Do I Still Need a License If My Dog is Microchipped?

What is Microchipping?

Microchipping is a method of identifying dogs and cats using a small implanted microchip. The microchip itself is a tiny radio transponder encased in bio-compatible glass about the size of a grain of rice. It is implanted under the skin usually between the shoulder blades using a hypodermic needle.

The microchip contains a unique identification number that can be detected using a special scanner. When the scanner is passed over the area where the microchip is located, it activates the chip which then transmits the identification number. This allows the pet to be identified if it gets lost and is taken to an animal shelter or veterinary clinic where it can be scanned to retrieve the ID number.

Microchipping provides permanent pet identification that helps reunite lost pets with their owners. Unlike collars and ID tags which can fall off, the microchip is implanted in the pet and remains with it for life. Microchipping has become a standard practice recommended by veterinarians and animal welfare organizations. According to the American Veterinary Medical Association, studies show lost pets with microchips are returned to their owners at much higher rates than unchipped pets.

For more information, see:

What is Dog Licensing?

Dog licensing is the registration and identification of dogs by local governments. Licensing a dog is required by law in most areas of the United States.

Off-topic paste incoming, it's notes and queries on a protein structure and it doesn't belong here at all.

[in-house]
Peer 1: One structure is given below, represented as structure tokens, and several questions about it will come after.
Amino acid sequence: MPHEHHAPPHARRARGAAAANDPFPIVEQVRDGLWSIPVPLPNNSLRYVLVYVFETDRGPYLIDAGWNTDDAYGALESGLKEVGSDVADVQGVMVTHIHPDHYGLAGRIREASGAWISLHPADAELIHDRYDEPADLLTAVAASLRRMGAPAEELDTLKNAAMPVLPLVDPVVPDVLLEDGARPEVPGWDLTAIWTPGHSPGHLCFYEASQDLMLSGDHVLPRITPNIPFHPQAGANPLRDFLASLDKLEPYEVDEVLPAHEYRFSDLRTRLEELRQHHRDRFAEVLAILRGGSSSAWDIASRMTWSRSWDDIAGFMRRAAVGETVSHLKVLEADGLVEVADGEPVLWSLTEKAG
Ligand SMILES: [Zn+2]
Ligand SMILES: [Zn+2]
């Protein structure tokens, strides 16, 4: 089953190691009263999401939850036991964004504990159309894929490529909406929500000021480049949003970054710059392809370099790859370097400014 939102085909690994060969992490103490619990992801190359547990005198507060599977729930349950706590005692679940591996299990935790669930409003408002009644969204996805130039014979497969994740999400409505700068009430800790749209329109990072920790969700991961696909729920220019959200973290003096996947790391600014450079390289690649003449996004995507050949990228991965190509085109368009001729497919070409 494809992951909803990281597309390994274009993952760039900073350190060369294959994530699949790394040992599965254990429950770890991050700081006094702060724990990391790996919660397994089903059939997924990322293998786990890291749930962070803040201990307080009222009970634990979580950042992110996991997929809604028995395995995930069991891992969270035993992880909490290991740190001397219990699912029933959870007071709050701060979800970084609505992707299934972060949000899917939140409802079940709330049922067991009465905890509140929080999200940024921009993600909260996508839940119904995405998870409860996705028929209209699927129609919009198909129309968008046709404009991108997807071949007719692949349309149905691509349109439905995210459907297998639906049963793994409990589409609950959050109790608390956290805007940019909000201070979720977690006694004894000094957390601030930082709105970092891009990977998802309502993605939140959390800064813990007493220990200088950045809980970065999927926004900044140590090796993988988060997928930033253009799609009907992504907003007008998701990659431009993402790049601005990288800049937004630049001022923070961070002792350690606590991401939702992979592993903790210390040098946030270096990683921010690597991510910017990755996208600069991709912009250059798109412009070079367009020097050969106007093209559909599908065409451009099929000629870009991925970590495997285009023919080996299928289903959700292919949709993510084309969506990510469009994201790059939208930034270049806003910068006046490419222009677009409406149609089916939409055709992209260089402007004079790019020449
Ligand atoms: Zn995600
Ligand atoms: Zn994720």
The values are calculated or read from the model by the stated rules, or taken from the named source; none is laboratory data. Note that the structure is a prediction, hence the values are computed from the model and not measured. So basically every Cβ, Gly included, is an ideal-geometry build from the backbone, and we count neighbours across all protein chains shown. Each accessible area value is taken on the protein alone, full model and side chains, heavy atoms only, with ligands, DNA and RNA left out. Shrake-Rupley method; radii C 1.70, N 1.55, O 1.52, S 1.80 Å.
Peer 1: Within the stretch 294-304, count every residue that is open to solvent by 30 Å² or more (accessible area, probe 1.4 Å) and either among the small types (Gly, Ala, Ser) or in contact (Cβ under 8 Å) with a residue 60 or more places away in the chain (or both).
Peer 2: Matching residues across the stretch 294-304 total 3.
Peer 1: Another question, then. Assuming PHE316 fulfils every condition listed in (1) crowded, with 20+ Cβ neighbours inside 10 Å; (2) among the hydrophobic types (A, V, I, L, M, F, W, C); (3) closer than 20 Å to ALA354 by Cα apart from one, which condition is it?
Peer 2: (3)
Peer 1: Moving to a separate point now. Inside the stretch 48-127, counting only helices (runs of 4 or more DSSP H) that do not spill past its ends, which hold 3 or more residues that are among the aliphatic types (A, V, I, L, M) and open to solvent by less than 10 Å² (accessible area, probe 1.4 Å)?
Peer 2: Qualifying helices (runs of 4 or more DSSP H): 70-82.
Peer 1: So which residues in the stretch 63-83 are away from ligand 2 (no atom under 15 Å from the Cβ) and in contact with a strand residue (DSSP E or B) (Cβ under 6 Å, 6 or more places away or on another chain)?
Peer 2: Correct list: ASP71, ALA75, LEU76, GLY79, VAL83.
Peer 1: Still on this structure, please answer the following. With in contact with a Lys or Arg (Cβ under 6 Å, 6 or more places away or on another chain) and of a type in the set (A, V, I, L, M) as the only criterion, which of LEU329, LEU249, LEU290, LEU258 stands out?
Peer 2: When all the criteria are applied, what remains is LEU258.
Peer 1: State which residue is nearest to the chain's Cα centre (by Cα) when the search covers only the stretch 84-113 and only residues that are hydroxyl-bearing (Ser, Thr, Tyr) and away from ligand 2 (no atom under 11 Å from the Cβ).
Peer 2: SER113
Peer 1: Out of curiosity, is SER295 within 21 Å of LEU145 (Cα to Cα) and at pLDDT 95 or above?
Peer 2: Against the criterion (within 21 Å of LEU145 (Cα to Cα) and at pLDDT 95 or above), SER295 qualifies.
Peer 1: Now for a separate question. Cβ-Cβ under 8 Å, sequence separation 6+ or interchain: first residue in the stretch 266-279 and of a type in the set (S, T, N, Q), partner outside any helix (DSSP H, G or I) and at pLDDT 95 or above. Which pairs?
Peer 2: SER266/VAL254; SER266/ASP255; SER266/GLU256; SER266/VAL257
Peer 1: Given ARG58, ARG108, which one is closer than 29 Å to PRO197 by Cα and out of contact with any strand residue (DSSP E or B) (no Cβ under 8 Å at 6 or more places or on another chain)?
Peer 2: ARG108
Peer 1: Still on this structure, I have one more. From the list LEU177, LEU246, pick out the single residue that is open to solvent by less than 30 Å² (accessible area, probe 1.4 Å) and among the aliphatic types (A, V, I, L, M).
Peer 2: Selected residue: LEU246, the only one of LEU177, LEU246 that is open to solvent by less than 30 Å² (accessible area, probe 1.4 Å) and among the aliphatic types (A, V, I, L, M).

Licensing a dog typically involves providing proof that the animal has received a rabies vaccination. Dog owners are then issued a license tag that must be displayed on the dog’s collar.

Dog licensing provides identification if a lost dog is found and ensures rabies vaccinations are up-to-date. The fees from licenses help fund animal shelters and animal control services. Licensing allows authorities to identify and return lost dogs to their owners.

Cities, counties and states set their own requirements and fees for dog licensing. Fines are typically imposed on owners with unlicensed dogs. Exact regulations vary between jurisdictions.

Do You Still Need a License if Your Dog is Microchipped?

In most areas, the answer is yes – you still need to license your dog even if they are microchipped. A microchip and a license serve different purposes. While a microchip is a permanent form of identification that can help reunite you with your lost pet, a license is a requirement in most cities and counties that helps fund local animal services.